LINQ Resources

LINQ (Language Integrated Query) is one of the most promising technologies for Microsoft®’s .NET.

Here are some great resources for those interested in learning more about this generic data query API:

  • LINQ/C# Learning Guide – Quick look at the LINQ extensions and the upcoming release of C# 3.0 in general
  • LINQ in Action – Learn about LINQ, LINQ to SQL (DLINQ) and LINQ to XML (XLINQ)
  • Hooked on LINQ – Developers’ Wiki for .NET Language Integrated Query
  • LINQDev – Dedicated site to Language Integrated Query development

SQL Server – Best Practices Website

Great resources for MSSQL DBAs.

Taken from InfoQ:

Mark Souza of Microsoft has announced a new web site for database administrators and developers called SQL Server – Best Practices. This site offers a wide range of material from top 10 lists suitable for novices to the in-depth technical white papers needed by seasoned professionals.

Topics include capacity planning, database mirroring, and bulk data loading. Over a dozen scripts for troubleshooting and performance tuning are also available.

Take a look at SQL Server – Best Practices.

ASP.NET 2.0 Starting Guide

For those who want to take off into the wide blue yonder of ASP.NET 2.0, read Cristian and Zak’s ASP.NET 2.0: A Getting Started Guide.

You’ll tame the installation process, sink your teeth into two ASP.NET languages, and conquer .NET programming basics with your bare hands. Finally, you’ll pull server controls, user controls, master pages, and CSS into the beginnings of an application.

Great LINQ Resources

Right now there are two extensions for .NET that I find very interesting.

The first one is Language INtegrated Query (LINQ) and the other one is the Atlas Toolkit.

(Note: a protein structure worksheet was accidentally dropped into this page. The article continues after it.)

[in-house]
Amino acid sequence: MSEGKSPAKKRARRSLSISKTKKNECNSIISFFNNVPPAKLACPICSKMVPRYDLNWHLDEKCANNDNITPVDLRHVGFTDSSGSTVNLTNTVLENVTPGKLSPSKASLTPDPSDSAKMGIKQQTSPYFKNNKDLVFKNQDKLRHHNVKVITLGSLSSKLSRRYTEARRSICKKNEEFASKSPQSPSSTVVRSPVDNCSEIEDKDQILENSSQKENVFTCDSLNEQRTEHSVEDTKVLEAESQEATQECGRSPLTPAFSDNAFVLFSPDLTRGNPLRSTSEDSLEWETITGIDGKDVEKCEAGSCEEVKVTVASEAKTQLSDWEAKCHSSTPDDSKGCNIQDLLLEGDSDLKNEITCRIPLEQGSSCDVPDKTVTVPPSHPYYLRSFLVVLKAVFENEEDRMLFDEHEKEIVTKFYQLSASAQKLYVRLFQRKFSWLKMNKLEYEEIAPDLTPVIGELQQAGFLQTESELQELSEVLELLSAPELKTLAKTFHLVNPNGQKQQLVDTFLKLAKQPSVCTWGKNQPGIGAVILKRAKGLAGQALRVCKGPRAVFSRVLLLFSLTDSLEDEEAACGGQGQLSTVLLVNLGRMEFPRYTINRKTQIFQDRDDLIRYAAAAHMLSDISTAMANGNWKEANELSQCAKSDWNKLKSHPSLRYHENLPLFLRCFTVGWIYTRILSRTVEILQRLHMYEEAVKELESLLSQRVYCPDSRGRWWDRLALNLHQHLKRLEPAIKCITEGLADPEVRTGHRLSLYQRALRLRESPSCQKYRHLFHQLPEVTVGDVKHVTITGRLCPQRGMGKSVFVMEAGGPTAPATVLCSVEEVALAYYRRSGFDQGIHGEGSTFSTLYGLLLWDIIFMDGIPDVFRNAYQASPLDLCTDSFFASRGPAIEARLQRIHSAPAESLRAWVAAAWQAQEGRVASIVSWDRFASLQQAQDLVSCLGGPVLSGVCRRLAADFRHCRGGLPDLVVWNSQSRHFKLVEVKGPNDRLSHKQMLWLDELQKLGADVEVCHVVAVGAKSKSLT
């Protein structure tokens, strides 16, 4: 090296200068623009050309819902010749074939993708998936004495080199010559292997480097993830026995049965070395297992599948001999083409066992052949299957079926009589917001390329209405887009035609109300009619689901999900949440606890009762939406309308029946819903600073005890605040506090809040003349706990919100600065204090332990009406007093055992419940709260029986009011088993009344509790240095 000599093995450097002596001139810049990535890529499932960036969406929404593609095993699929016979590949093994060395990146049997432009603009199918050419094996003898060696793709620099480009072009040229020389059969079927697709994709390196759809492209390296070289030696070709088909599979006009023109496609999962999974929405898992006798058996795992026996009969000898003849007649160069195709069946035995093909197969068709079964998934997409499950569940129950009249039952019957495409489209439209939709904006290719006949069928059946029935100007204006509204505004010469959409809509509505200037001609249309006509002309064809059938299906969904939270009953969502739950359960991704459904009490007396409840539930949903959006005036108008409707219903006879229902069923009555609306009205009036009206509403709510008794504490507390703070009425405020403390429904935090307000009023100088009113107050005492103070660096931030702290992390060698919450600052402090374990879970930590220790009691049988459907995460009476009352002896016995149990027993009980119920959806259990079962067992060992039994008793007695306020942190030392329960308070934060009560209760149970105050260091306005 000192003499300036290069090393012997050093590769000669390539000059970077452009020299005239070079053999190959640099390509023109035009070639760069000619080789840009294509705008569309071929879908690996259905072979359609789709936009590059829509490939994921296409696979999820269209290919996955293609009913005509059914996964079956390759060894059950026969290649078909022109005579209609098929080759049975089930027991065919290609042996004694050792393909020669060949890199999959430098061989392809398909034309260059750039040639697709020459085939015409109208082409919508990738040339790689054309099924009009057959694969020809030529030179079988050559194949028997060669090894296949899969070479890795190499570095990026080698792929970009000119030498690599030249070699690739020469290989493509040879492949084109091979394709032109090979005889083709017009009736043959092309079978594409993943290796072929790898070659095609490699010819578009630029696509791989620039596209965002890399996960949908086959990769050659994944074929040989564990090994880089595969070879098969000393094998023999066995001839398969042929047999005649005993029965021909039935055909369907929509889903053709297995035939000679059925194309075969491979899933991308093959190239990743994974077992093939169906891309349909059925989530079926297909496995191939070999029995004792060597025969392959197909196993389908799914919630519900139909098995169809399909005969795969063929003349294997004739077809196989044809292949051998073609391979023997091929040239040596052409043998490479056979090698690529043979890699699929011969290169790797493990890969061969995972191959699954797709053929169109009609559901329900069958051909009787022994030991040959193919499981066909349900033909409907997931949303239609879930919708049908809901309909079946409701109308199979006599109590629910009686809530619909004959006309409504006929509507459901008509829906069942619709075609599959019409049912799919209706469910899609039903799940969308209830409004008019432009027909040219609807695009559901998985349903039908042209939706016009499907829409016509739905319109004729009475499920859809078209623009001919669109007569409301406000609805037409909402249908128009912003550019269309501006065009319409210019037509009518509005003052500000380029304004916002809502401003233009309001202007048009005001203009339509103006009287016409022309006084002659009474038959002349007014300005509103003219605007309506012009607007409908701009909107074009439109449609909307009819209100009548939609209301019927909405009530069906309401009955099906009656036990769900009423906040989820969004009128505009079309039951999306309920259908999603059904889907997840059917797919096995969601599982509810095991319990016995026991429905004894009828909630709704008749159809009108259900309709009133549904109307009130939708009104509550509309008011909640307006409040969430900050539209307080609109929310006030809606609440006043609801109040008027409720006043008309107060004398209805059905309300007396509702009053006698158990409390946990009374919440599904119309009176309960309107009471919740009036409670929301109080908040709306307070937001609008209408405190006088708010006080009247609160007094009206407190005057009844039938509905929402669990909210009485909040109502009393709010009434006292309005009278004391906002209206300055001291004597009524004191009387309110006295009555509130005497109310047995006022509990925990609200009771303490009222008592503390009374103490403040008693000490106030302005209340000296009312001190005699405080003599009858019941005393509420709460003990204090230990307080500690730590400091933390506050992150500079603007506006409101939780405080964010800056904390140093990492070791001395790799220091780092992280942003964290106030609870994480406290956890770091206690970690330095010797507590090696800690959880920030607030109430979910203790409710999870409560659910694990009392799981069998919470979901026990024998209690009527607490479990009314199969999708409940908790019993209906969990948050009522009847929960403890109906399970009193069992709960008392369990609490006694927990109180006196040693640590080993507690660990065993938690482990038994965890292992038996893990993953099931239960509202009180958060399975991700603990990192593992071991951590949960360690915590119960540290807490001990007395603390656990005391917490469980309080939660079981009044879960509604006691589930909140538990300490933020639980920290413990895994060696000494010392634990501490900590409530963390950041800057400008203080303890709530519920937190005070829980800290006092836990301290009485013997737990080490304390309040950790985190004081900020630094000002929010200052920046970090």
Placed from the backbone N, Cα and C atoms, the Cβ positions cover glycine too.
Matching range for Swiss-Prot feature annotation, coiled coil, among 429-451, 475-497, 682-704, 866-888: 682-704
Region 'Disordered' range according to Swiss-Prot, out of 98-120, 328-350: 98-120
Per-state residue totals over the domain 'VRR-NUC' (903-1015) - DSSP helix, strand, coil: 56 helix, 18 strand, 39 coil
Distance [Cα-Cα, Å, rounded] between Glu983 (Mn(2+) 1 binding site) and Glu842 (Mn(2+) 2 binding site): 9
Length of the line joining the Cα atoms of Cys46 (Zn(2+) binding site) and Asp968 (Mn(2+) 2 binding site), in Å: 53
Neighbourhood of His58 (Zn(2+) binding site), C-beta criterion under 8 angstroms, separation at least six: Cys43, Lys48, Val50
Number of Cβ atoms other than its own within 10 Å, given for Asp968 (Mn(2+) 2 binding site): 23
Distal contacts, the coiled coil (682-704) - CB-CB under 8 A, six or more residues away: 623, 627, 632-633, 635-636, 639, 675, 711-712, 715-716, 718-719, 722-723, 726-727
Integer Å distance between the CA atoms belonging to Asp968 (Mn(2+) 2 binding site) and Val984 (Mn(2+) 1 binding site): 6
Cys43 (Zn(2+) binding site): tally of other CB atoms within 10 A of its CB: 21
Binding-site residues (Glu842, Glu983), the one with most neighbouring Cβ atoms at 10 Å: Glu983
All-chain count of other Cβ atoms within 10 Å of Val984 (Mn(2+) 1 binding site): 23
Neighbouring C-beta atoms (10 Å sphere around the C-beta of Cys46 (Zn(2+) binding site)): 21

For those looking for more information about LINQ, visit LINQ Project Overview at MSDN, and Scott Guthrie’s last post where he shares the code samples and slides from his TechEd LINQ Talk in Australia.

LINQ’s benefits

LINQ’s benefits include, most significantly, a standardised way to query not just tables in a relational database but also text files, XML files, and other data sources using identical syntax. A second benefit is the ability to use this standardised method from any .NET-compliant language such as C#, VB.NET, and others.

LINQ in action

The following snippet illustrates (in C#) a simple LINQ code block, using the Northwind database as its target. To see LINQ at work, we’ll use a simple C# 3.0 program that uses the standard query operators to process the contents of an array.

using System;
using System.Query;
using System.Collections.Generic;

class app {
  static void Main() {
    string[] names = { "Alpha", "Brian", "Connie", "David",
                       "Frank", "George",
                       "Harry", "Inigo" };

    IEnumerable<string> expr = from s in names
                               where s.Length == 5
                               orderby s
                               select s.ToUpper();

    foreach (string item in expr)
        Console.WriteLine(item);
  }
}

This program delivers this output:

ALPHA
BRIAN
DAVID
FRANK
HARRY
INIGO

Using LINQ with ASP.NET

Scott Guthrie, Microsoft’s ASP.NET and Atlas development guru, has posted a two-part article on using the Language Integrated Query, or LINQ, within ASP.NET projects.

  • Part 1 how to create the ASP.NET page using LINQ, using rich collections of strings, refactoring collections, working with .NET Standard Query Operations and using Anonymous types.
  • Part 2 details about DLINQ, or LINQ for databases, such as creating a DLINQ-enabled object model, hierarchical binding and basic pagination.

And more is on the way:

In my next few LINQ posts I’ll show how we will be able to build on top of the concepts I demonstrated above to easily add sorting, in-line editing, deleting, and selection support over our customer data – and also show how to easily Ajax enable it with Atlas.